Yesterday I inaugurated the New Year by taking the kids ice skating. Naturally this got me to thinking about economics, specifically Dan Klein's modern classic, Rinkonomics: A Window on Spontaneous Order.
Long ago people didn't know anything of skating. Imagine yourself one of them. Imagine that a friend walks up to you and tells you with great enthusiasm about his new idea for a business:
"I'll build a huge arena with a smooth hard wooden floor and around the perimeter a naked iron hand-rail. I'll invite people to come down to the arena and strap wheels onto their feet and skate round n' round the arena floor. They won't be equipped with helmets, shoulder-pads, or knee-pads. I won't test their skating competence, nor separate skaters into lanes. Speedsters will intermingle with toddlers and grandparents, all together they will just skate just as they please. They'll have great fun. And they'll pay me richly for it!"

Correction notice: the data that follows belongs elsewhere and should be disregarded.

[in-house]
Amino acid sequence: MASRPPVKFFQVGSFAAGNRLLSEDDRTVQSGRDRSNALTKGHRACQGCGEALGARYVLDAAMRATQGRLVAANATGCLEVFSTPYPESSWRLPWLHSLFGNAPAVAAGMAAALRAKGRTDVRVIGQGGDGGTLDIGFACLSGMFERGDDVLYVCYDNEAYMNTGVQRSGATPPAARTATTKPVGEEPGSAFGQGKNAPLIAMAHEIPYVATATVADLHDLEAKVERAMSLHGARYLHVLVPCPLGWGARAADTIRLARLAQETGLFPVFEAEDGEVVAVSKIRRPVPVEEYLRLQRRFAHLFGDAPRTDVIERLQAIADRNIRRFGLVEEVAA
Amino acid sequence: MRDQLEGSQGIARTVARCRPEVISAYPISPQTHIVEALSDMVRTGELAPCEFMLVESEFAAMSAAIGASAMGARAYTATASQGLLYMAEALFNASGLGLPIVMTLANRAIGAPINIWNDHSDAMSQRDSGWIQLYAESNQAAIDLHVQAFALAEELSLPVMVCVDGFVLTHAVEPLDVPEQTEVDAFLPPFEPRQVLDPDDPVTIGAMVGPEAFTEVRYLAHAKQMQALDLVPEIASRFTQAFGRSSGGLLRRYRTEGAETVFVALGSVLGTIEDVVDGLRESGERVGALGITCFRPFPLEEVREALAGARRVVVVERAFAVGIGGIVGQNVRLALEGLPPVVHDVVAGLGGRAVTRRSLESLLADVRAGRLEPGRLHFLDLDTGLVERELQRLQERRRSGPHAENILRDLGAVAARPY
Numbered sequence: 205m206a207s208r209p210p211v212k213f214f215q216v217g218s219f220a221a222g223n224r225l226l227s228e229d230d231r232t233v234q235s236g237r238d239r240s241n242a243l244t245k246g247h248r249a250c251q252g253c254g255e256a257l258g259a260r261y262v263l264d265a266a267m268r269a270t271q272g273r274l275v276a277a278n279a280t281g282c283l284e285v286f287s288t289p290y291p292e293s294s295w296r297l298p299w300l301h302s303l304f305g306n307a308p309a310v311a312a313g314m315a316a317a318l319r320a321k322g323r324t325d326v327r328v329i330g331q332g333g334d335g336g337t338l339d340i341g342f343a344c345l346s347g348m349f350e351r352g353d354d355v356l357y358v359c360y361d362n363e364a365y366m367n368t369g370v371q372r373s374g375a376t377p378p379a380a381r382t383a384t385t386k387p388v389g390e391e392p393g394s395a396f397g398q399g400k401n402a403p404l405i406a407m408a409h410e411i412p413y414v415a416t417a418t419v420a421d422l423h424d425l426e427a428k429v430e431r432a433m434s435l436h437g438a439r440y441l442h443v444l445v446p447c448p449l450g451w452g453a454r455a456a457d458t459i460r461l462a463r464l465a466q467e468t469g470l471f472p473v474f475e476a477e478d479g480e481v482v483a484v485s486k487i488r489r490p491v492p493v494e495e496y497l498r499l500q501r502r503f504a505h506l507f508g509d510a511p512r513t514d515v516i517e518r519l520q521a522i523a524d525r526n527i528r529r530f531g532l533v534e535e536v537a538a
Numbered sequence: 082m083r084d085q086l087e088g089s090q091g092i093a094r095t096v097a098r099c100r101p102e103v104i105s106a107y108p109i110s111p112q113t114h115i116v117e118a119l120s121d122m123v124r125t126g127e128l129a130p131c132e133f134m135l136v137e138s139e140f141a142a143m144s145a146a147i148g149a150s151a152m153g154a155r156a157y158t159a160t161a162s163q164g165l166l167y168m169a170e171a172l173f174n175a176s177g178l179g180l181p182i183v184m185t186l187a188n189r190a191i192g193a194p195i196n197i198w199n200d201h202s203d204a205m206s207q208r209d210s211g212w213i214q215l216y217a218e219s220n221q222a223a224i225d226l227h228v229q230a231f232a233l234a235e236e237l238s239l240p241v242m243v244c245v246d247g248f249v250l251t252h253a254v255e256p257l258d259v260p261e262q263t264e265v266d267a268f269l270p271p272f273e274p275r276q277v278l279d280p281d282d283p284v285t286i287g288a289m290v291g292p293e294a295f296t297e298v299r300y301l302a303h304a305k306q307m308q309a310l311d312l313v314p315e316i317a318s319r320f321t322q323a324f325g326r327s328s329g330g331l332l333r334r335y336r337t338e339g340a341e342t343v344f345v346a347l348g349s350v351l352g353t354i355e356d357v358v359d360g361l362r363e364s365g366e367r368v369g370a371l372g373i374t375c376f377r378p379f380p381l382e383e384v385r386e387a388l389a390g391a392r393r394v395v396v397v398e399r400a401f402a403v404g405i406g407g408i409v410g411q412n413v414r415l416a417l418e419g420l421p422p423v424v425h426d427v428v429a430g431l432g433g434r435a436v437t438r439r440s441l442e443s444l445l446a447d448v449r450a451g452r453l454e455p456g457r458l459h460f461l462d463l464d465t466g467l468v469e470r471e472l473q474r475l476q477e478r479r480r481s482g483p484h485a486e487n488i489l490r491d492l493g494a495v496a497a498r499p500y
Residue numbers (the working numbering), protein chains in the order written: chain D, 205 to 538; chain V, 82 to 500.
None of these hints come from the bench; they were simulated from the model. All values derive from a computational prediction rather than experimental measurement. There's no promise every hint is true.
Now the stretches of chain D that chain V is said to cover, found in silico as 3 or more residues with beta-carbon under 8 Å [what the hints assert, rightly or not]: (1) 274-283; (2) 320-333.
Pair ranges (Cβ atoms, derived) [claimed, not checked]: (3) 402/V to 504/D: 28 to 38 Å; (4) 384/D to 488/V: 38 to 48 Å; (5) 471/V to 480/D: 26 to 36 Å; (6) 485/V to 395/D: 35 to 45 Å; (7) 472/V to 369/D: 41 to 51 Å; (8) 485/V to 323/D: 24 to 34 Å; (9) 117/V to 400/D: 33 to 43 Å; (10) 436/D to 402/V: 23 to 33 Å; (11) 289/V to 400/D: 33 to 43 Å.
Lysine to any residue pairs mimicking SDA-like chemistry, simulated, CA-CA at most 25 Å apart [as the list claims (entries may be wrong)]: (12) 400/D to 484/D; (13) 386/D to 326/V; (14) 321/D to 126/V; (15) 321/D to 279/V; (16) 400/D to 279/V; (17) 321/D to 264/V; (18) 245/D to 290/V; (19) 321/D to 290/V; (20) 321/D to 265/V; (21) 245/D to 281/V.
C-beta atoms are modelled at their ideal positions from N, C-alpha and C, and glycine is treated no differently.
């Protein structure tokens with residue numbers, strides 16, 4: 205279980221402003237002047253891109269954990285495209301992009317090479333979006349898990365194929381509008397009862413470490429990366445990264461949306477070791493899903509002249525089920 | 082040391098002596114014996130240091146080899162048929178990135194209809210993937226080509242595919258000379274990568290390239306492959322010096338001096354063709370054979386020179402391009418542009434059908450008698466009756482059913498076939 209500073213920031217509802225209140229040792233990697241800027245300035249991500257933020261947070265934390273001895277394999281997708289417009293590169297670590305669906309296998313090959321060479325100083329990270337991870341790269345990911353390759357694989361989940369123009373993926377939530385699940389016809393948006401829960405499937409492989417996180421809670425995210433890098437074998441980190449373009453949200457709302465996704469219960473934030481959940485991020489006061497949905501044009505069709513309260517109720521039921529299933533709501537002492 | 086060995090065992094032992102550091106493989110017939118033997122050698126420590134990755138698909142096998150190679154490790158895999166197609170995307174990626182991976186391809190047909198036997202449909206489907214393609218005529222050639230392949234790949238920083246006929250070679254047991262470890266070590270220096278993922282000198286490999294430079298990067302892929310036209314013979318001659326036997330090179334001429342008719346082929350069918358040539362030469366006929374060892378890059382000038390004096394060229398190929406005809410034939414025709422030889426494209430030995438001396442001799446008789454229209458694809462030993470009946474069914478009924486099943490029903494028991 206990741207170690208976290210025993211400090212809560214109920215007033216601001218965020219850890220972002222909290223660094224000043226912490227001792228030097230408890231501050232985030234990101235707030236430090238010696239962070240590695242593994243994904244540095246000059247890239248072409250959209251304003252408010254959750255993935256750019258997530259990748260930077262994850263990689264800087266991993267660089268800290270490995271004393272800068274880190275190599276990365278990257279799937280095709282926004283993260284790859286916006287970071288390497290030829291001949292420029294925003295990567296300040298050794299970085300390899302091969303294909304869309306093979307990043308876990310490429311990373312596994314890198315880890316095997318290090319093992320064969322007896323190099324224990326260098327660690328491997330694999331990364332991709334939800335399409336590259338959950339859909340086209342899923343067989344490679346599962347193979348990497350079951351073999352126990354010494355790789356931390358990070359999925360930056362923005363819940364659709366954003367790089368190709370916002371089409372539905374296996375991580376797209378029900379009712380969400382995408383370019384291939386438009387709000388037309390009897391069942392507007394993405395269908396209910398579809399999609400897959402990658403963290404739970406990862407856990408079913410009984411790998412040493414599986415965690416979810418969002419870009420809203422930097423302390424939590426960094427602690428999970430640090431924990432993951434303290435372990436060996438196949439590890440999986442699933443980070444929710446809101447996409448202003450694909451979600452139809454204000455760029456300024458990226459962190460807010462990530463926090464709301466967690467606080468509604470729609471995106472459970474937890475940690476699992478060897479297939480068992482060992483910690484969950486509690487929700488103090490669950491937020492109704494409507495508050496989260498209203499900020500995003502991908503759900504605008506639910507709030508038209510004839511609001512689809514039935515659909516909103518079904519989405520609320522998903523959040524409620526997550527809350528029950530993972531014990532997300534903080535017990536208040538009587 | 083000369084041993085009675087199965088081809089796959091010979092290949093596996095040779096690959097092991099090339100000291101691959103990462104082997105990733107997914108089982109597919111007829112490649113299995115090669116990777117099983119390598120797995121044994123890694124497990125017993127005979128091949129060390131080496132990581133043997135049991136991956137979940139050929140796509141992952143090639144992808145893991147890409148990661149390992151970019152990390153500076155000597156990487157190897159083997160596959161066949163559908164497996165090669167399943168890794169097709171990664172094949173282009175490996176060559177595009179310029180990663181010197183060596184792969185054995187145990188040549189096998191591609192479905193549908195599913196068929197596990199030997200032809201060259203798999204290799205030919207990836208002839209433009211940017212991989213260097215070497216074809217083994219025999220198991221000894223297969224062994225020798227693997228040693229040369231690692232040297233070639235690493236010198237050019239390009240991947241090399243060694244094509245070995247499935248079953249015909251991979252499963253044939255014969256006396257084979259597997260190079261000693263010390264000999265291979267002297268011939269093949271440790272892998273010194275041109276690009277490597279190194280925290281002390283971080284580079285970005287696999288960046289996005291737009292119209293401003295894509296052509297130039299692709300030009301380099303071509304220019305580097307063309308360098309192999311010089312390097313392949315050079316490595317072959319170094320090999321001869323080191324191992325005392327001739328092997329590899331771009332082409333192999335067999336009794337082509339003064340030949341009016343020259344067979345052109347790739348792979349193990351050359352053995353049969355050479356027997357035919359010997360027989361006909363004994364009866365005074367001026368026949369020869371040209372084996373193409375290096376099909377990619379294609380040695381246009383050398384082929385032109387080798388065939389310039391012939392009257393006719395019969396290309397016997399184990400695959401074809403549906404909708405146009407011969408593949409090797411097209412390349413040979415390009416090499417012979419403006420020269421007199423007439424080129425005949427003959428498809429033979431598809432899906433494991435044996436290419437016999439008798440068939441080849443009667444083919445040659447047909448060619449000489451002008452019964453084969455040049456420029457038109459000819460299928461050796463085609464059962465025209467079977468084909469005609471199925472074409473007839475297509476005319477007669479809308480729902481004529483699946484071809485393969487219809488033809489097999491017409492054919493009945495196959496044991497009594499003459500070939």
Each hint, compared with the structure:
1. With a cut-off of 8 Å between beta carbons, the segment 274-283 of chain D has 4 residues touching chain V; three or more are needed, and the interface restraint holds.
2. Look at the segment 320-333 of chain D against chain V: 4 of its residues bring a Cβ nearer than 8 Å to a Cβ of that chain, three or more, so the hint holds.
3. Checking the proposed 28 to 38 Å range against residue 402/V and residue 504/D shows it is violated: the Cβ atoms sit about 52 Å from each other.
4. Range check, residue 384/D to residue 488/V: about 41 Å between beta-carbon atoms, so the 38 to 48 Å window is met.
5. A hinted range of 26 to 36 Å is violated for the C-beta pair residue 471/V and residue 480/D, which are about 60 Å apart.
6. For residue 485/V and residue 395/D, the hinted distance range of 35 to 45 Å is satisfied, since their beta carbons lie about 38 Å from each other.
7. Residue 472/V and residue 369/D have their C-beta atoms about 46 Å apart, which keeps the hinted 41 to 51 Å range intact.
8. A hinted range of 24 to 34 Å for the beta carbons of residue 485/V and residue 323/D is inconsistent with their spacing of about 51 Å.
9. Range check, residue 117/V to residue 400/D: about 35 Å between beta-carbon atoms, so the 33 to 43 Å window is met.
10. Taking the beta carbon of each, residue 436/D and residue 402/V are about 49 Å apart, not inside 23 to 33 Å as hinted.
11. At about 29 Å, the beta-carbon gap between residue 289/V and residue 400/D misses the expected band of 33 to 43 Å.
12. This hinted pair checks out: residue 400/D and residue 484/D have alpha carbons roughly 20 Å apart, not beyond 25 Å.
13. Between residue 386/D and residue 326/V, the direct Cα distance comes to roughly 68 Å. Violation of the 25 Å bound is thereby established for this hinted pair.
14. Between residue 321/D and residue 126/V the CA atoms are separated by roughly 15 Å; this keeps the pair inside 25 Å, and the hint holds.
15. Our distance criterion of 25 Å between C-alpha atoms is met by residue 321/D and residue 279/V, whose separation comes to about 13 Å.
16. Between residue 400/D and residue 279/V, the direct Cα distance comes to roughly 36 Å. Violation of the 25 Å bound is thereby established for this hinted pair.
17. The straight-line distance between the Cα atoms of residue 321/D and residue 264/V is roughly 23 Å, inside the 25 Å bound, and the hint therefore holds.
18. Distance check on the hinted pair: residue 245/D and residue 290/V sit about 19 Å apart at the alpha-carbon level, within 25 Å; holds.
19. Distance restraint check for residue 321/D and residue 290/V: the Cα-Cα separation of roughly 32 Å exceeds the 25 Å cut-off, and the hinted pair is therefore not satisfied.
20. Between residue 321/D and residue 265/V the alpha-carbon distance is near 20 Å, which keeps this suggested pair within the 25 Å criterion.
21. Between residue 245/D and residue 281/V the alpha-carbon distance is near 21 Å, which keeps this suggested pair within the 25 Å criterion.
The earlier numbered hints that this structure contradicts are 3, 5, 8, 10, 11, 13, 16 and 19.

Knowing nothing of skating, you would probably expect catastrophe. You exclaim: "How are 100 people supposed to skate around the arena without guidance or direction?…The arena will be a scene of collision, injury, and stagnation. Who will pay for that?!"…
Yet, we have all witnessed roller skating, and we know that somehow it does work out. There are occasional accidents, but mostly people stay whole and have fun, so much so that they pay good money to participate. The spectacle is counter-intuitive. How does it happen?…
An important quality of collision is mutuality. If I collide with you, then you collide with me. And if I don't collide with you, you don't collide with me. In promoting my interest in avoiding collision with you, I also promote your interest in avoiding collision with me.
The key to social order at the roller rink is this coincidence of interest.I do not intend to promote your interest. I am not necessarily even aware of it. Still, by looking out for myself I am to that extent also looking out for you. My actions promote your interest.
Skating on the floor of the roller rink is an example of what Friedrich Hayek called spontaneous order.
John Stossel memorably demonstrated the alternative process of centrally planned skating in this video (starting about 3:16).